It contained nothing remarkable. The stories were mainly things I’ve written in the distant and recent past on my personal website, Wings Over Sealand. Some were obviously exaggerated polemics, others expressions of honestly-held personal views on topics unrelated to Scottish politics, and one a massively, obviously ironic and sarcastic joke comment on a videogames forum.
All are freely accessible and have been discussed at length in public, and I’m happy to defend any of them in debate. I’m not the least bit ashamed of my opinions, or I wouldn’t have posted them on the internet for people to read in the first place. If you’ve been a writer for over 20 years and you haven’t ever written anything that upset and offended some people, you’re doing it wrong.
The blog author, however, clearly feels they have potential as smear attacks aimed at discrediting Wings Over Scotland by vilifying me personally, perhaps through being used selectively and/or out of context in newspapers. So far, so dull. But there was something new in what I was forwarded by the journalist.
The list of links came with a quote from “Better Together”.
“A Better Together spokesperson said: “For the leader of the yes campaign and prominent nationalists to be happy to promote this site and its repugnant views is beyond belief. It shows just how desperate they have become as the people of Scotland increasingly reject their agenda of division.””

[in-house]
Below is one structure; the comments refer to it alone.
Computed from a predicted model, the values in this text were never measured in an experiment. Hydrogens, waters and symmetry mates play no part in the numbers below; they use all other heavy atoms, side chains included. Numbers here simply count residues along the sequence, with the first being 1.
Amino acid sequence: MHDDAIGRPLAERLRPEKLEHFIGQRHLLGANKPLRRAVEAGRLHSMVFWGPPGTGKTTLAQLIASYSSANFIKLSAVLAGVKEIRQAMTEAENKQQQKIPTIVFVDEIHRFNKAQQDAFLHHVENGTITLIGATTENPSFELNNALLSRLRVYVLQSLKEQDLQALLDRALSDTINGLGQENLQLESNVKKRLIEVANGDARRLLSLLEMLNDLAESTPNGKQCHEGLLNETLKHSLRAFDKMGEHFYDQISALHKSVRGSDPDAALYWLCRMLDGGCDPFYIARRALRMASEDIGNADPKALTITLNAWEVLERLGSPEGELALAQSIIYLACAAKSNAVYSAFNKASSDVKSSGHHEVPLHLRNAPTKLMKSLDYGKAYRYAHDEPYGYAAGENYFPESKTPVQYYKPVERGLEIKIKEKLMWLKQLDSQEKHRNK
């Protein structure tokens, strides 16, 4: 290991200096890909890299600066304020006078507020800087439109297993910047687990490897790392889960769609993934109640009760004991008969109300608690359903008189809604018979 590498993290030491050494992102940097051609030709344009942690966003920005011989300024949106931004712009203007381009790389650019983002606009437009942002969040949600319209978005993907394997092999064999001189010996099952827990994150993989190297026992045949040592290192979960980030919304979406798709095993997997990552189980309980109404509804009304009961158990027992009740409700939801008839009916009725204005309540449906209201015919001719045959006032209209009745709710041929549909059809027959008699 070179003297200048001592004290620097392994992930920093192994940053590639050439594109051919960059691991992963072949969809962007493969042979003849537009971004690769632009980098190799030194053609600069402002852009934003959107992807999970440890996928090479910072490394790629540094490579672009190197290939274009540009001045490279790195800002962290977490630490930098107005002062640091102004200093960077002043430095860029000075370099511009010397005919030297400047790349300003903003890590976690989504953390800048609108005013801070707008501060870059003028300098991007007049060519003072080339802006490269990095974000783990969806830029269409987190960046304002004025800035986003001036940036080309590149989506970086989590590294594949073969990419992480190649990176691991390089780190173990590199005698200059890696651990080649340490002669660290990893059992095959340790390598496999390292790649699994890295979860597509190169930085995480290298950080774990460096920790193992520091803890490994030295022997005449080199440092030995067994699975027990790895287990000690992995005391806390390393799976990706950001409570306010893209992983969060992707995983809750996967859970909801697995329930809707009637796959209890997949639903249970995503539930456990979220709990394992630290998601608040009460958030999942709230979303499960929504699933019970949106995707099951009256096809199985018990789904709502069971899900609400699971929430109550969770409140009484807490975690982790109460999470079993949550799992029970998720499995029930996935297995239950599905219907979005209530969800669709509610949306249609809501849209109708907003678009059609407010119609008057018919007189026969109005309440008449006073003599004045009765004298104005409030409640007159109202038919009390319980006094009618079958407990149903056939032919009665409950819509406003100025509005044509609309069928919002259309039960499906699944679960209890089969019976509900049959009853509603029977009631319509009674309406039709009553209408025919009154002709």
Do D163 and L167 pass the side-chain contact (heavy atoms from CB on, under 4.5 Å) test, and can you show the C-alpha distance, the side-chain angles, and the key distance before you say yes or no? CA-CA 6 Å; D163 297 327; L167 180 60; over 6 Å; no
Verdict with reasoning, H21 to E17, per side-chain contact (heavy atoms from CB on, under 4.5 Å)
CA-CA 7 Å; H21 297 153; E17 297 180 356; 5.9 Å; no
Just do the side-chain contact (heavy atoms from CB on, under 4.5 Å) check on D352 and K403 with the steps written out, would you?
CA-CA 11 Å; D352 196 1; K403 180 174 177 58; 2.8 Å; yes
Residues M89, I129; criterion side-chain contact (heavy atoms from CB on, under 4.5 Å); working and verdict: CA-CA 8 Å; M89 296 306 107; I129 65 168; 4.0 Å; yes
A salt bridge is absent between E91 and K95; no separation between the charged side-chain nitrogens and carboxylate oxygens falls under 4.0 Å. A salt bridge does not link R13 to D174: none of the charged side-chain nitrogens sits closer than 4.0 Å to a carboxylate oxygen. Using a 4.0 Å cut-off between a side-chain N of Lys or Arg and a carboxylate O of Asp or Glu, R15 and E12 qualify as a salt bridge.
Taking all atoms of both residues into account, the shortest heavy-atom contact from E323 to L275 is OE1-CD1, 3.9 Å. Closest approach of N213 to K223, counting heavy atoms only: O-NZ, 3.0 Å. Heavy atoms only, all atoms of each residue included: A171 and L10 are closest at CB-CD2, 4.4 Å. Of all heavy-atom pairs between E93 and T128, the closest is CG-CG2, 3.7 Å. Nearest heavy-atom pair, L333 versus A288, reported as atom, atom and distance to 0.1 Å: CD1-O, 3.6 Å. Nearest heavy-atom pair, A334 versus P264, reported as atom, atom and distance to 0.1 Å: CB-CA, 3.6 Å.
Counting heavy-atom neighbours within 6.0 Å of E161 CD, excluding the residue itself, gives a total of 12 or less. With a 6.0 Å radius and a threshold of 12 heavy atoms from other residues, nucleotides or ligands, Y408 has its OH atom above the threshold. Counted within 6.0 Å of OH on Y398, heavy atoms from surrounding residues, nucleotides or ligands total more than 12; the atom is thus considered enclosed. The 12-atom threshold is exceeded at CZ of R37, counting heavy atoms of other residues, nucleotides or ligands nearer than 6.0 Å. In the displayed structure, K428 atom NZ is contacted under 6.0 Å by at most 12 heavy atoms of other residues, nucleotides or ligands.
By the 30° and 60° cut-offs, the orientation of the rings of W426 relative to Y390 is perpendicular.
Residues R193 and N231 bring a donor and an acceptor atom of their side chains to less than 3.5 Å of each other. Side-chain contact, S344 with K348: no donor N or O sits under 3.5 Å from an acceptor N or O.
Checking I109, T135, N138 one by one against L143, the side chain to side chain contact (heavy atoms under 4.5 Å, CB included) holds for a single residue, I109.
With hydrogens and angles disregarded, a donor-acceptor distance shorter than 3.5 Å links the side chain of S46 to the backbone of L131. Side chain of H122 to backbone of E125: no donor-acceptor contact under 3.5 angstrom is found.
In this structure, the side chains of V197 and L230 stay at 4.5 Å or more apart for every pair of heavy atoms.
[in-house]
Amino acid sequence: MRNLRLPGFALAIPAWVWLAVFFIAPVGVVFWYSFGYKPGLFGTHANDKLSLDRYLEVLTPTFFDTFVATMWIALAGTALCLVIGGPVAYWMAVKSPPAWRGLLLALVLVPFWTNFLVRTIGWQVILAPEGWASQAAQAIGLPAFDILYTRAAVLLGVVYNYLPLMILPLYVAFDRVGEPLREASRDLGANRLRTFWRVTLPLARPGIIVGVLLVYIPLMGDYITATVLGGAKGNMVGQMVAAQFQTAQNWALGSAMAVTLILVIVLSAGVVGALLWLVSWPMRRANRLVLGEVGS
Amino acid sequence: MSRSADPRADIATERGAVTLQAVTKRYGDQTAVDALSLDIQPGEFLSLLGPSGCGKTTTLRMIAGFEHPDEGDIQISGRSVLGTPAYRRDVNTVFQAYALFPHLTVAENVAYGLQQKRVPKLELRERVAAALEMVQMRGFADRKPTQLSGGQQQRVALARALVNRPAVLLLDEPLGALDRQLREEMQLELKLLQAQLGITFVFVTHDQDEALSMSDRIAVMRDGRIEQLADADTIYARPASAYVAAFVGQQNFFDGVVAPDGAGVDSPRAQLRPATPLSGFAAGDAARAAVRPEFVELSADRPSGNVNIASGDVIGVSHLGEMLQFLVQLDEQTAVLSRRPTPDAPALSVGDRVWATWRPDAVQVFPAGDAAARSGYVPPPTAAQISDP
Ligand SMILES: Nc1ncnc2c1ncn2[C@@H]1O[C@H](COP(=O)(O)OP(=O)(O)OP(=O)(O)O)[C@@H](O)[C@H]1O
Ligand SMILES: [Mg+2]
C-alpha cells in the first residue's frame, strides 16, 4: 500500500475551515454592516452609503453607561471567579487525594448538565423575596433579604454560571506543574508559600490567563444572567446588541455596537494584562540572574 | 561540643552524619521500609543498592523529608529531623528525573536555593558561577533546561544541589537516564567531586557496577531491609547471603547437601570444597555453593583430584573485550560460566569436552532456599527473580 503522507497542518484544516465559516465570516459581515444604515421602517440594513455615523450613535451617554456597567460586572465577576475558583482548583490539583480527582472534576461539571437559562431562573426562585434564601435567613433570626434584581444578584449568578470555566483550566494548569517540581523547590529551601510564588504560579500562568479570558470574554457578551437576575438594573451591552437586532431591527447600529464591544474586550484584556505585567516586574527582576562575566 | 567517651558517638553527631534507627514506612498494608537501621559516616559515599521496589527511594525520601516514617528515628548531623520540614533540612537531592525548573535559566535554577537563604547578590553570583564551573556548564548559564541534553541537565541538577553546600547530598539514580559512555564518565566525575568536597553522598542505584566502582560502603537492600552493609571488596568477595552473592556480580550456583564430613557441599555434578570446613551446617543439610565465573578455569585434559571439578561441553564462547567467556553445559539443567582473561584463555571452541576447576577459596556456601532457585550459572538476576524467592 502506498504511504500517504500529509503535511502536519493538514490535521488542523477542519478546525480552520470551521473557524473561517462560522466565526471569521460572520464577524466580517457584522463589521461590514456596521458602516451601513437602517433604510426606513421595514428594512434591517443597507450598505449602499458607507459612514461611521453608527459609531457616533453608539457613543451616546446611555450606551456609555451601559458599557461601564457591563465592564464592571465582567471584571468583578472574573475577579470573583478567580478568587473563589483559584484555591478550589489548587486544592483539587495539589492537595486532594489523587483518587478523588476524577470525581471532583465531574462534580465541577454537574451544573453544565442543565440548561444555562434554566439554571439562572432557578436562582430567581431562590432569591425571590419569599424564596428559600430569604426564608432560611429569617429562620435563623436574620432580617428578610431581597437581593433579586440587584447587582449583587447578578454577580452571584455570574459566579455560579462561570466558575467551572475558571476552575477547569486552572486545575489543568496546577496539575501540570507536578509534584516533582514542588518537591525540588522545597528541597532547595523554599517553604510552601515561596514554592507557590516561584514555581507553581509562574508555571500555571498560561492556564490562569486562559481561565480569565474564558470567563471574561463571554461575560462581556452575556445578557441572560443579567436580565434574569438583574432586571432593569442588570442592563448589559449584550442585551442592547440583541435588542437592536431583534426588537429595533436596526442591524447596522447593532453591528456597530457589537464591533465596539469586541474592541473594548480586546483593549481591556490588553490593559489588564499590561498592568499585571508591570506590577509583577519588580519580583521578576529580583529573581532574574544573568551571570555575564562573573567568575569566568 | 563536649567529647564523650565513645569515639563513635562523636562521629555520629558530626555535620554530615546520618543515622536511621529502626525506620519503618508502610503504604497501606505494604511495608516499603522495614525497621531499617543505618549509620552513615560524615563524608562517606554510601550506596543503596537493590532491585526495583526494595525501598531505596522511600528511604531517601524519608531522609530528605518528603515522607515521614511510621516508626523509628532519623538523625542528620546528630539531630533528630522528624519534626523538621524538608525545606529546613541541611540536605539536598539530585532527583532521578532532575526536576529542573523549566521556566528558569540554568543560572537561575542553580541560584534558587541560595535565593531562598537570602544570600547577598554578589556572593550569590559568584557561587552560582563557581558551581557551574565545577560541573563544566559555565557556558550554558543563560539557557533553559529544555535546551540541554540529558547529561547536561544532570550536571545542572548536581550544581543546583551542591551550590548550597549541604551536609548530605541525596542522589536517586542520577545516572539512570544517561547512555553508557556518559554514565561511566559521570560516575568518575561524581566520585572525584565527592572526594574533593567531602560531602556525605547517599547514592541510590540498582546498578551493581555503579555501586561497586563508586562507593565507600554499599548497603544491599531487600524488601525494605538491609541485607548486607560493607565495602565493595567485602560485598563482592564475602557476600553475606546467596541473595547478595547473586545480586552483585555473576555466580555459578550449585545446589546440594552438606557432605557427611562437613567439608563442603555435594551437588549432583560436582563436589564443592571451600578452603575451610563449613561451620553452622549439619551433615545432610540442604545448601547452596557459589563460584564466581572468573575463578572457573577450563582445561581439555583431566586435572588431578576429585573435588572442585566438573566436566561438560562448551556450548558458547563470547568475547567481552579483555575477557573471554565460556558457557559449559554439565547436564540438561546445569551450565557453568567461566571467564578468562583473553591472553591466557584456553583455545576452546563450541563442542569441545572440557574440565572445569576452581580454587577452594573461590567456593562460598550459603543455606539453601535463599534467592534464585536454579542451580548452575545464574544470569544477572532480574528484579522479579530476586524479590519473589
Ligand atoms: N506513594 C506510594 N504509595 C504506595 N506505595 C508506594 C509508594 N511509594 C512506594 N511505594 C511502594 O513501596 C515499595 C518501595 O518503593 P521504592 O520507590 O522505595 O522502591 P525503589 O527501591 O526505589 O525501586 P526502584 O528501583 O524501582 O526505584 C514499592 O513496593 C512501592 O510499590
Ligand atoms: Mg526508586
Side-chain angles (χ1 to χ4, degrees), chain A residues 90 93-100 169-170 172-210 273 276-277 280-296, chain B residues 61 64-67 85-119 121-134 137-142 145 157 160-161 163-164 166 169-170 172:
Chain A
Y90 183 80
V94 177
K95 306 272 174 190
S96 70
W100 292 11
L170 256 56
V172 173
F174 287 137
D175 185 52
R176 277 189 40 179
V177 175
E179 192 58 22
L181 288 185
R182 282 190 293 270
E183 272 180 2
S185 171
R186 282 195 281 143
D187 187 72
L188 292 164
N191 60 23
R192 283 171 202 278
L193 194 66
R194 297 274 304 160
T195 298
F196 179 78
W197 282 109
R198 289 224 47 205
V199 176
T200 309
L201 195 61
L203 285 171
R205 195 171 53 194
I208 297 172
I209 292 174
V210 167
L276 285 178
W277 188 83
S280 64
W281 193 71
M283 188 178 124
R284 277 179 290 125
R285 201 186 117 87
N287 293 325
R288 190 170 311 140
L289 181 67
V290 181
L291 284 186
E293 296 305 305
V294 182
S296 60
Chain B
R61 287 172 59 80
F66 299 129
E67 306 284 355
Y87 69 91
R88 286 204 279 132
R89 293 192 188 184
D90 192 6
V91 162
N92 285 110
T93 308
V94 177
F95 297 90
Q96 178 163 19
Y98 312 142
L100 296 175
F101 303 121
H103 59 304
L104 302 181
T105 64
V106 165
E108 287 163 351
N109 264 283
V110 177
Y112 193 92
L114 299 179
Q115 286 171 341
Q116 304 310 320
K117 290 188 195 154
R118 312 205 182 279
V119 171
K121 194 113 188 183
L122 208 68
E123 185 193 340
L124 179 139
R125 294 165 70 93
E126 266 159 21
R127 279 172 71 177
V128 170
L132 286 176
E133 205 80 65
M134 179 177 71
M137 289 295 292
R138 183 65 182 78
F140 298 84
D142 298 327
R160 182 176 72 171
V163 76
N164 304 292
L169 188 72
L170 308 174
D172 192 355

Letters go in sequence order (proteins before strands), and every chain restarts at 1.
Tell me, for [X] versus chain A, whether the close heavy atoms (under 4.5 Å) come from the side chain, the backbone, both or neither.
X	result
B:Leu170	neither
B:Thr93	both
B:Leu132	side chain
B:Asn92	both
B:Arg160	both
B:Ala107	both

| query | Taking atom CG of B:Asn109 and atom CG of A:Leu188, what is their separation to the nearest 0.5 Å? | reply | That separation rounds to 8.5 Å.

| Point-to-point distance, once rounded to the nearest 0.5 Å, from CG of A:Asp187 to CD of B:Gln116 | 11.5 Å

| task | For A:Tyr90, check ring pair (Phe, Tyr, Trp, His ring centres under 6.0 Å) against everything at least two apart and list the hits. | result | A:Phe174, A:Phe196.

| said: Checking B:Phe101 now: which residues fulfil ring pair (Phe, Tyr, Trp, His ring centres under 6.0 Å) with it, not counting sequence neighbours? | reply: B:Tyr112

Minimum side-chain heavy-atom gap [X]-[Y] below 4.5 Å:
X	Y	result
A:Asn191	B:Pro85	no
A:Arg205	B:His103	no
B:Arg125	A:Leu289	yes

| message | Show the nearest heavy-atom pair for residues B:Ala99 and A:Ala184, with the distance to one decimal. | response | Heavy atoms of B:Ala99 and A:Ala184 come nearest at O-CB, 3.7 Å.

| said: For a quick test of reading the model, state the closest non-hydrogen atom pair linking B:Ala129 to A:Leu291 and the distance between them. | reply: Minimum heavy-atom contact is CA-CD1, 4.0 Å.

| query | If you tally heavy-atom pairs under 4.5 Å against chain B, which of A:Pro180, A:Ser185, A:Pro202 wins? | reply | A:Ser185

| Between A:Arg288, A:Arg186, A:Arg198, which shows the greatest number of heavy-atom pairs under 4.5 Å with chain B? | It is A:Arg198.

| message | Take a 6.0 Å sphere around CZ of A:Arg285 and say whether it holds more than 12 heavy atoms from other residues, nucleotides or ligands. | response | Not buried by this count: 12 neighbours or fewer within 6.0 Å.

This (though most of the comments in question weren’t posted on Wings Over Scotland) is presumably a reference to the fact that Yes Scotland has quoted to the findings of our Panelbase poll, and the fact that some SNP representatives at various levels have on a few occasions retweeted this site’s posts.
We’re deeply touched the No campaign apparently now considers us such a threat that they’ve resorted to such a grim personal smear attack this early in the campaign.
While we have, as noted, no conclusive proof, our opinion, for numerous reasons, is that there is no doubt whatsoever the author of the blog responsible for the “dossier” is Murray Brady, or someone acting as a front for him. Murray Brady used to consistently deny being in any way responsible for his hate campaign, right up to the point where the police forced his internet service provider to reveal his identity.
(We could be wrong – there could be more than one psychotic lunatic so utterly obsessed with us that they’re prepared to scream into an uninterested void for months and months on end until an anonymous “Better Together” representative is desperate enough to listen and clutch at the straw. Which would be a little chilling.)
But either way, we invite readers to consider what would lead someone in the Scottish media – which this site spends much of its time criticising, often in strong terms – to privately warn us that this material was being circulated.
Our source wouldn’t be drawn to actually say who had sent them the email. Perhaps the blog author fabricated the quote from “Better Together”, though that seems unlikely. (We’ve emailed campaign director Blair McDougall asking for his comments, and will keep you updated on any response.)
Either way, we’re not going anywhere.